If you wish to enquire about purchasing any of our buildings, they will be available from our partners Bolton Buildings as a kit of parts for self-assembly, or as a complete building at various stages. Please contact Trevor at Bolton Buildings
QB2 is a practical, modern microhome, in which one person or a couple can live a comfortable low-carbon life.
QB2 has a 3m x 4m floor plan and has a 3m internal height. Though compact in size, it enjoys:
  • A fully functional kitchen (with hob, oven, fridge-freezer)
    The kitchen of QB2
  • A 4m-long galley bathroom

    Sink and the (composting) loo
    The shower in QB2
  • A two-seater sofa and two further ottomans, for 4-person dining/sitting or 2-person lounging
    QB2 lounge and dining area
  • A four-seater table, movable to reconfigure the seating area
  • A full sized double bed
    The double bed in QB2
  • Ample storage space
The exterior of QB2
Low-energy options offer the potential for zero energy-bills together with regular incentive payments from the Government’s feed-in-tariff and renewable heat incentive. Options include:
  • A highly insulated construction, with Passivhaus-standard windows and door
  • Low-energy lighting (LED) and appliances (TV, washing machine)
  • Mechanical heat-recovery ventilation
  • Very efficient heating and hot water, using an Ecodan air-source heat pump
  • Full carbon-neutrality, using up to 3kWp of photovoltaic solar panels
QB2 is a post-and-beam structure developed jointly with Bolton Buildings. The outer structure can be assembled and made waterproof in around 4 hours and the whole structure (including inner and outer wall surfaces, the windows/door, the insulation, and the electrical wiring) can be completed in 3-4 days. Options exist for cladding and for fitting out and, once constructed, QB2 is easily transported by road and sited wherever a static caravan is permitted.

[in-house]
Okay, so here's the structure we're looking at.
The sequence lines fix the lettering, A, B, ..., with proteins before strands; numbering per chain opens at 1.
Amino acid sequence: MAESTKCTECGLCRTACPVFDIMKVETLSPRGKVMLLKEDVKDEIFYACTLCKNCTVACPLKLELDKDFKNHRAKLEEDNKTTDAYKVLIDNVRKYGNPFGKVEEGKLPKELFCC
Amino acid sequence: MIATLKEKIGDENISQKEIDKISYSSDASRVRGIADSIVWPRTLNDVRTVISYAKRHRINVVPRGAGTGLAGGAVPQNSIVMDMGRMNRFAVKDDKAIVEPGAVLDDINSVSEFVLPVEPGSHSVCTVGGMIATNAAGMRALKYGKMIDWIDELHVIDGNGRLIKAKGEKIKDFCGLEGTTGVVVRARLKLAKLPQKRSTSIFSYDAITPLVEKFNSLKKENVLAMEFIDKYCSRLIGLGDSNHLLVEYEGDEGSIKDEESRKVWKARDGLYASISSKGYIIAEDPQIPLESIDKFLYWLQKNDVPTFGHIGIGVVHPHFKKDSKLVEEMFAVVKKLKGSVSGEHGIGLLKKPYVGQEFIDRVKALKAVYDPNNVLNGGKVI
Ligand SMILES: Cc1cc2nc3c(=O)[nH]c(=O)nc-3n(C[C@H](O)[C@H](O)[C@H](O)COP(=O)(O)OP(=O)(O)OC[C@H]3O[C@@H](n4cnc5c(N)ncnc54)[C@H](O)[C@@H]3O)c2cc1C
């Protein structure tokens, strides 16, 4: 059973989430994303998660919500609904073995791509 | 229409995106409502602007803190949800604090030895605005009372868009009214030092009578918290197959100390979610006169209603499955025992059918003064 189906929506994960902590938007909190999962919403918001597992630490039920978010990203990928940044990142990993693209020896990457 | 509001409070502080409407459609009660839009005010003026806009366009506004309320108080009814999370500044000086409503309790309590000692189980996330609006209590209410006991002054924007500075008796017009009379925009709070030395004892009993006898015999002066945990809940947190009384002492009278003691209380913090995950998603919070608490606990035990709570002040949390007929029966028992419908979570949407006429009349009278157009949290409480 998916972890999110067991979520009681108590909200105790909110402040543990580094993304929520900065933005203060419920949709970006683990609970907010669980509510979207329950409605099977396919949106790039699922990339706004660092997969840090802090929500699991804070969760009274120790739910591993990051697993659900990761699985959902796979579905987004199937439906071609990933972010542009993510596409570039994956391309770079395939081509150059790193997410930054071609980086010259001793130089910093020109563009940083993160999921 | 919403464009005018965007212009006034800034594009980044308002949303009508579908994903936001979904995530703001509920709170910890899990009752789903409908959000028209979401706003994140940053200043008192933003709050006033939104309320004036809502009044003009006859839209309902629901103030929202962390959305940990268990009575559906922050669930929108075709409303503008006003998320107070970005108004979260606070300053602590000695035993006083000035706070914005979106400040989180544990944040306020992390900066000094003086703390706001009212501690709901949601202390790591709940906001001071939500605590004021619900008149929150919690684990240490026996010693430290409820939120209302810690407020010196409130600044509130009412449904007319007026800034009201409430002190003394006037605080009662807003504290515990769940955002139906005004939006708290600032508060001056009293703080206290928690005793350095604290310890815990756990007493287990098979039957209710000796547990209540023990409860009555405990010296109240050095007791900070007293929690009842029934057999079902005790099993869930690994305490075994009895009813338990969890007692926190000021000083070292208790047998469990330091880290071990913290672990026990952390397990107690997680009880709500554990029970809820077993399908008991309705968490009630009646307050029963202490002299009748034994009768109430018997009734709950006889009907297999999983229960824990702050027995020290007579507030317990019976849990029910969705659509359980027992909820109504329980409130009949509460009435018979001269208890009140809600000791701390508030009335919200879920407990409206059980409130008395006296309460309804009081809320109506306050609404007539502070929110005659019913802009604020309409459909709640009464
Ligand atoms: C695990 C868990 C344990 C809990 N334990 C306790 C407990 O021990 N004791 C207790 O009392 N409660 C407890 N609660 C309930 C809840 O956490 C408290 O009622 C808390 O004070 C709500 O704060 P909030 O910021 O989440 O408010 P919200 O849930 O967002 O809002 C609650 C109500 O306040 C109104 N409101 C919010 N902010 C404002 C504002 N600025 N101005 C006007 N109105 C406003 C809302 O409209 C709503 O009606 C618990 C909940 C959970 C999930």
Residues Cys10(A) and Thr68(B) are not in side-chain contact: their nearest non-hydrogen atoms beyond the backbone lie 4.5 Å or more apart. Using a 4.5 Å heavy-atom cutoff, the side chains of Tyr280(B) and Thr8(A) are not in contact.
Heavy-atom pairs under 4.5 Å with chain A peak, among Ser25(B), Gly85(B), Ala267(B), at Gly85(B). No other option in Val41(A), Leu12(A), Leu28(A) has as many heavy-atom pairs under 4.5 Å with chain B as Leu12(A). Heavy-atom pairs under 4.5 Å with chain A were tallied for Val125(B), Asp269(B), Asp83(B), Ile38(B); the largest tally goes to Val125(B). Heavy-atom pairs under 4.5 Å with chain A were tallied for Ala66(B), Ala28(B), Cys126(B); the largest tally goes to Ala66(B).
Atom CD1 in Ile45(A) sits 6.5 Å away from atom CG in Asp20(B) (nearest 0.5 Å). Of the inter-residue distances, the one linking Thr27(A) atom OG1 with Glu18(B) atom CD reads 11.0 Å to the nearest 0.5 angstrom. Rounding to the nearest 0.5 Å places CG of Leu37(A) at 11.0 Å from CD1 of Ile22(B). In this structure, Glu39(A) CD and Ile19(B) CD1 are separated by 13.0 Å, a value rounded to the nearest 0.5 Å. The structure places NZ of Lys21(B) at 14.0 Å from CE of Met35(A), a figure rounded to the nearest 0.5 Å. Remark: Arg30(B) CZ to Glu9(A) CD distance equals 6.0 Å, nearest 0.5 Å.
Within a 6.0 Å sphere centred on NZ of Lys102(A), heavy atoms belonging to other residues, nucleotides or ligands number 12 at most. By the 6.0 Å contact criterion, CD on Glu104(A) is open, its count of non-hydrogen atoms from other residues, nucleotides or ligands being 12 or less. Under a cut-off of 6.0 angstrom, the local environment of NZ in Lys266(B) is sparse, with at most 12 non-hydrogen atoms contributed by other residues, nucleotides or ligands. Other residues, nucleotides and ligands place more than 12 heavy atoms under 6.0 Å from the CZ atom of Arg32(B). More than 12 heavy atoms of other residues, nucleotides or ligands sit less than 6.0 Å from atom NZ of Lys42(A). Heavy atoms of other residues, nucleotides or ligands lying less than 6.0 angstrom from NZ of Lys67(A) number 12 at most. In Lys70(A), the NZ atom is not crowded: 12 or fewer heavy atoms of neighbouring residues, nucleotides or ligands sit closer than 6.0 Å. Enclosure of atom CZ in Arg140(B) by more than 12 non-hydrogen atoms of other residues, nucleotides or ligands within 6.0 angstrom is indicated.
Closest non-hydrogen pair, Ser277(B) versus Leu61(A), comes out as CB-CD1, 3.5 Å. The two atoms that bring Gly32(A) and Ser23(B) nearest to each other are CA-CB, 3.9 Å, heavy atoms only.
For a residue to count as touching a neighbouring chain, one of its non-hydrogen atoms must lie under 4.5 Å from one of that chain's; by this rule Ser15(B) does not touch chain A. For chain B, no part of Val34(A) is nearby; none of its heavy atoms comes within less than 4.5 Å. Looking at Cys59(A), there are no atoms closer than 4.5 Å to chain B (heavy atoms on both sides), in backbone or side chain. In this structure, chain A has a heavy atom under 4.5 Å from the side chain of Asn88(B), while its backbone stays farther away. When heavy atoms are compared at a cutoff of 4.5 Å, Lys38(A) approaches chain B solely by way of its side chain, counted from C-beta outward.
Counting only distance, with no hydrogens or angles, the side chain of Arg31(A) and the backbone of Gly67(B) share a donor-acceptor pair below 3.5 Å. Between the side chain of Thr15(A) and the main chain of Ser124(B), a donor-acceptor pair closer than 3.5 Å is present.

QB2 is an ideal living space:
  • For “boomerang kids” or others seeking independent housing
  • For leisure/holiday purposes, usable all year round
  • For emergency accommodation, e.g. in post-disaster situations
  • For construction workers or other workers in remote locations
Again, if you wish to enquire about purchasing any of our buildings, they will be available from our partners Bolton Buildings as a kit of parts for self-assembly, or as a complete building at various stages. Please contact Trevor at Bolton Buildings

the cube projectThe Cube Project – University of Hertfordshire
An express tour of QB2 from the Cube Project - YouTube
George Clarke's Amazing Spaces - 4oD - Channel 4


Another design of the Cube, by Dr Mike Page is QB Move. This concept has recently been shown on Gadget Man on Channel 4. This is a similar concept to QB2 but with moving walls to create better use of the space available.


See also: Futures Forum: Innovative solutions to the lack of affordable housing....... self-build alternatives...
Futures Forum: The PassivHaus: cheaper than you think to build.... and only £20 annual heating bills.....
Futures Forum: Building Cob Castles in East Devon... on Grand Designs
Futures Forum: Self-build